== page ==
Solar leases, or solar power purchase agreements, are one of the new innovative tools for encouraging solar deployment. Basically, instead of purchasing a solar array outright, the customer plays host to a developer’s solar system in exchange for an agreement to pay a pre-determined fee structure for the electricity over a set period of time. That allows the developer to acquire a new income stream, and most likely the benefits of renewable energy tax credits.
Meanwhile, the customer gets the electricity for a price that’s often slightly below the going market rate. Perhaps more importantly, they avoid many of the problems that have bedeviled solar installations, such as the up-front installment costs, the permitting process, and the performance risk. As a firm with assets, the developer is generally in a far better position to tackle those hurdles than individual solar customers.
As the Times reports, Honda and Acura will offer their customers home solar systems at little-to-no upfront cost via the partnership with SolarCity, the largest player currently in the solar leasing market. (Honda and Acura will also offer their dealers preferential terms to lease or buy SolarCity’s systems on a case-by-case basis.) So SolarCity gets new capital and a massive new customer base, Honda and Accura get a cut of the returns, and customers get an added promotional deal to lease their homes to SolarCity’s systems and purchase its electricity:
The deal, in which Honda will provide financing for $65 million worth of installations, will help the automaker promote its environmental aims and earn a modest return, executives said. It could also open the door for more corporate investment in solar leasing companies, which has largely been limited to a small cluster of banks to provide capital for their projects….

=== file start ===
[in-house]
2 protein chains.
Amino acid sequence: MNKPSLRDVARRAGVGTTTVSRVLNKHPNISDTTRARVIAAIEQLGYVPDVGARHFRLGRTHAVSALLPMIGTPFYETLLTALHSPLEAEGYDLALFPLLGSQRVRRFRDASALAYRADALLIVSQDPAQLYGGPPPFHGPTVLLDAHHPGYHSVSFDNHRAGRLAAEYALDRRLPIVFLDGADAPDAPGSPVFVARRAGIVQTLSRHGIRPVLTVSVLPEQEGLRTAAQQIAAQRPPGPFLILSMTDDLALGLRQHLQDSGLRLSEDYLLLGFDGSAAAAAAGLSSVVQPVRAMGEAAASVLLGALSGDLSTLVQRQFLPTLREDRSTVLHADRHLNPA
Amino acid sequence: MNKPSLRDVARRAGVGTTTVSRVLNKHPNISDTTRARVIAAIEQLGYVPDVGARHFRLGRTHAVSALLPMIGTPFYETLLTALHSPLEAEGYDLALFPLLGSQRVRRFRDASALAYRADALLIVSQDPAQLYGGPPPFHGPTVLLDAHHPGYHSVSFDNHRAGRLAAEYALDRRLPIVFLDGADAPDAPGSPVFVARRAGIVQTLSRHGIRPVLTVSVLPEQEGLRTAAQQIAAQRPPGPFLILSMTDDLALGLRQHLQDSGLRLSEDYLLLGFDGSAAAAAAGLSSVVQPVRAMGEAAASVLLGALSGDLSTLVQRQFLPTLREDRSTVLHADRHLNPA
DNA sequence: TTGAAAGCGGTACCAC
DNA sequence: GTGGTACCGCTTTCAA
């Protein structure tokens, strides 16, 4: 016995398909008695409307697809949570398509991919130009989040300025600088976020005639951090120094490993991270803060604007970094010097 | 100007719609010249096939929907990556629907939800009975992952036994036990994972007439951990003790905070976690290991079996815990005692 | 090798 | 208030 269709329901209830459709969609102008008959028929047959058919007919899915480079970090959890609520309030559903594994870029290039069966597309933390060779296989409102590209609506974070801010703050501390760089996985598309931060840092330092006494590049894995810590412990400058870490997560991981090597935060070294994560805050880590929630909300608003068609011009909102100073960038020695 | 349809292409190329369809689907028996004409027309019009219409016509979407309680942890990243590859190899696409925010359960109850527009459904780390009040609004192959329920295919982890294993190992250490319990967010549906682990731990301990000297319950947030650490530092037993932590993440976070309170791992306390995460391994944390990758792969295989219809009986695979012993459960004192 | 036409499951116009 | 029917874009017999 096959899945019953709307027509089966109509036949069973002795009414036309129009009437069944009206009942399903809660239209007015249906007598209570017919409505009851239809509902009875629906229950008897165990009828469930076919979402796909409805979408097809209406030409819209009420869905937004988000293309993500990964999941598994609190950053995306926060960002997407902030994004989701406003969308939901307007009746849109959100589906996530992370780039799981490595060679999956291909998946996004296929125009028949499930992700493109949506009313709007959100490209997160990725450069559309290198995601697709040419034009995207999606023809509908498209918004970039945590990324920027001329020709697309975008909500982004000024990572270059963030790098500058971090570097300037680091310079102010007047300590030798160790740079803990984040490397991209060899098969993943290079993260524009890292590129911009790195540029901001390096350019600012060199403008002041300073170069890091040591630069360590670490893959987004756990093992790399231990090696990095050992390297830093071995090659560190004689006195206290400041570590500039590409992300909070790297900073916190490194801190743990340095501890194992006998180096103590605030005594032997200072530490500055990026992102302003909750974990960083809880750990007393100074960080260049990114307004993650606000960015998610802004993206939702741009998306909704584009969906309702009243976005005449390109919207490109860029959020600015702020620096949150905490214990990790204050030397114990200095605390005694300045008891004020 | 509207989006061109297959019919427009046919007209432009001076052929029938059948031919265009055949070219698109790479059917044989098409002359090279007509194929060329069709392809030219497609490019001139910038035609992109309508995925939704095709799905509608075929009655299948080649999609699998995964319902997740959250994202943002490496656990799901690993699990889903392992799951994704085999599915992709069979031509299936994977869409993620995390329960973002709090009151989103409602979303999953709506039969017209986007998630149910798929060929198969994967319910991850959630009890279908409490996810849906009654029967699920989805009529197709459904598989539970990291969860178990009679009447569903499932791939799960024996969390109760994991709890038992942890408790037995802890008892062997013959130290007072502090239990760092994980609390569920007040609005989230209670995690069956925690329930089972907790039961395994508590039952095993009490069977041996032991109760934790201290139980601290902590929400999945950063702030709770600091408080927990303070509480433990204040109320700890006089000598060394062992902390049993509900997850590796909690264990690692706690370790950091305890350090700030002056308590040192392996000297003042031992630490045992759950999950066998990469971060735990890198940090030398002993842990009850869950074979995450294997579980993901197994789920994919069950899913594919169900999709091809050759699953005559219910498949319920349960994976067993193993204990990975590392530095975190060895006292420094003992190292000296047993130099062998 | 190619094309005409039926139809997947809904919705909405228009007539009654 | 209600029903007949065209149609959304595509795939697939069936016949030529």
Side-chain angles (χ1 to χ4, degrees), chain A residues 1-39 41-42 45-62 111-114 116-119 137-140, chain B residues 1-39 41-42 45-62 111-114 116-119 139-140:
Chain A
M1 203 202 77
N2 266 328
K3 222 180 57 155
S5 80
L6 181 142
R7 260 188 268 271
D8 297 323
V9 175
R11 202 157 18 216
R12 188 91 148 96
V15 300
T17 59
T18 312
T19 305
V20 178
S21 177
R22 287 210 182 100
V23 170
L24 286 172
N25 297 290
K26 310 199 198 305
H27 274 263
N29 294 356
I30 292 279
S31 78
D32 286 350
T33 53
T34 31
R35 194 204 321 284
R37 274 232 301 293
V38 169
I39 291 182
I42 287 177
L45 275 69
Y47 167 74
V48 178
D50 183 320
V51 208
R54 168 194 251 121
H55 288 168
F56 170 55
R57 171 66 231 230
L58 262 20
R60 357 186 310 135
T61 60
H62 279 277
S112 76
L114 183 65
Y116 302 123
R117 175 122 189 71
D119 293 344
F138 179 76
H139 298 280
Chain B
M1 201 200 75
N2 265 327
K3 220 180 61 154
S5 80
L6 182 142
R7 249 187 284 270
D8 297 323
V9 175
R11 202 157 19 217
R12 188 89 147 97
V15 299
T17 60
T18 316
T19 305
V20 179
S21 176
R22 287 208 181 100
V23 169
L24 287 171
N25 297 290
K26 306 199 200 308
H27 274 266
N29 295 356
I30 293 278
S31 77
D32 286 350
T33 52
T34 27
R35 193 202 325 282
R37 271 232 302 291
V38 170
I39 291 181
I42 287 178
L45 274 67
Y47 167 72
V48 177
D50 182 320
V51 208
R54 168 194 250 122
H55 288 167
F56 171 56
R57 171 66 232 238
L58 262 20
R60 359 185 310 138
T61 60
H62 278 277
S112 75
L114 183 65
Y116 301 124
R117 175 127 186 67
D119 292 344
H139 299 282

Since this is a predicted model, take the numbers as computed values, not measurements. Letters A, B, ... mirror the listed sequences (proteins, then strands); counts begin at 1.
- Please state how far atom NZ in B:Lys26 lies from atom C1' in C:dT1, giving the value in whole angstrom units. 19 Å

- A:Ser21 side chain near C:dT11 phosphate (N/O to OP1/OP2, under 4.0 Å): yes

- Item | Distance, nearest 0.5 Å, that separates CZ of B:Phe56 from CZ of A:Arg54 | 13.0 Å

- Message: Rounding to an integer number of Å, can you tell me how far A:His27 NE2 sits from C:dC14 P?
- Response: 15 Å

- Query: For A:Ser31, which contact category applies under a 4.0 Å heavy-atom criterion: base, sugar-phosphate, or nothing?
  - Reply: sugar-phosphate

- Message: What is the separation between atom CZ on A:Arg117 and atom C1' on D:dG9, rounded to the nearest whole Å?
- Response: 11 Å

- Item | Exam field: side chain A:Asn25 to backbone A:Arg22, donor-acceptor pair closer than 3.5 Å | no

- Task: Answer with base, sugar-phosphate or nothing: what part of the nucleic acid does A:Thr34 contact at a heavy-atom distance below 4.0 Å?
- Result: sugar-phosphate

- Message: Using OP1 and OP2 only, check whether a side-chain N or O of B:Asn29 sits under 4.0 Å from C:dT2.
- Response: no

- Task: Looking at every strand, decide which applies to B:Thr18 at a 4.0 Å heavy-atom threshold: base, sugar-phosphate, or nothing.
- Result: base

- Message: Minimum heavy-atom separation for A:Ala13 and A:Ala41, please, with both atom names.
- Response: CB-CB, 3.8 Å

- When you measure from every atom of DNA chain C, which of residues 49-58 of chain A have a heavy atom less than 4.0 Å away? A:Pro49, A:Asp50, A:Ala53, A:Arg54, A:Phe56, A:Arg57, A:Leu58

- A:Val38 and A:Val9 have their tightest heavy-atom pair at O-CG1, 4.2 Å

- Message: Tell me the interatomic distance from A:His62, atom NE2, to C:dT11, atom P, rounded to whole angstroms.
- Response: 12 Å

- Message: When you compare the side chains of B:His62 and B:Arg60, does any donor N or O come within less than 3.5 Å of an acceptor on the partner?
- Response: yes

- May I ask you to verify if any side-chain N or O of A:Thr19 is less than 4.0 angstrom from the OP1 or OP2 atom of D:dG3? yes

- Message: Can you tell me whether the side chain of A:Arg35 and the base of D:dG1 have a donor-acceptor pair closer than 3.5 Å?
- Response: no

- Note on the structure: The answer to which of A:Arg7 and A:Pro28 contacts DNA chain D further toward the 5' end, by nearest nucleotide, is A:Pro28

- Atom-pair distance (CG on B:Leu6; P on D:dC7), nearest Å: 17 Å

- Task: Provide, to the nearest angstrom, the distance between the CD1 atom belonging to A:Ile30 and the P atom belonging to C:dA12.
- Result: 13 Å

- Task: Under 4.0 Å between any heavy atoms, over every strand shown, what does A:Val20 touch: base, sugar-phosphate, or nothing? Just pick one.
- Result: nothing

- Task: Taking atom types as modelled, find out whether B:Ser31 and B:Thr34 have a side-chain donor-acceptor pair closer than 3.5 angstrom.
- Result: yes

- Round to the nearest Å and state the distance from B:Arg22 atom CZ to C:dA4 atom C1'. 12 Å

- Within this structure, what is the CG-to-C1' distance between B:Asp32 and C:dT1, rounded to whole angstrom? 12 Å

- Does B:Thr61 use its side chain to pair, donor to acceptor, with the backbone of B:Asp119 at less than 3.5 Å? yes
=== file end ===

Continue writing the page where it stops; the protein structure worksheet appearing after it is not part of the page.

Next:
The program will give Honda and Acura customers an extra $400 discount on top of SolarCity’s normal promotions, which they can use to sweeten the terms of the solar contract, like eliminating the escalation of the monthly payment. Honda projects the fund can finance as many as 3,000 systems on homes and 20 for its dealers. If the program catches on, Honda plans to expand it.
The growth of solar leasing has been one of the biggest recent drivers of the United States’ solar market — even more so than increases in cell efficiency — putting new arrays on government buildings, public and private schools, and private businesses and homes.
A new report from GTM Research found that solar leases are now available in 14 states — comprising over 50 percent of the new residential solar capacity in California, Arizona, Colorado, and Massachusetts, and rapidly gaining market share in the ten others. GTM Research anticipates the solar leasing market will rise from $1.35 billion in 2012 to $5.7 billion in 2016.
“I don’t think that by finding Honda buyers you’ve homed in on the perfect solar customer,” Shayle Kann, vice president at GTM, told the Times. But since car owners are more likely to have the income and credit history to qualify for solar leasing, “there’s enough overlapping between the demographics that you’re better off than the general population.” The initial program will be available in 14 states: Arizona, California, Colorado, Connecticut, Delaware, Hawaii, Maryland, Massachusetts, New York, New Jersey, Oregon, Pennsylvania, Texas and Washington, and the District of Columbia.
Apparently, Honda originally proposed the partnership with SolarCity in order to supply solar installations for its hybrid and electric vehicle customers. But when encouraging solar deployment seemed to promise more overall carbon emissions cuts than simply selling electric vehicles, they expanded the program to all customers — including those who’ve just clicked through its web sites as opposed to actually buying a car. Honda and Acura are hopeful the project eventually helps integrate solar power with electric vehicle recharging.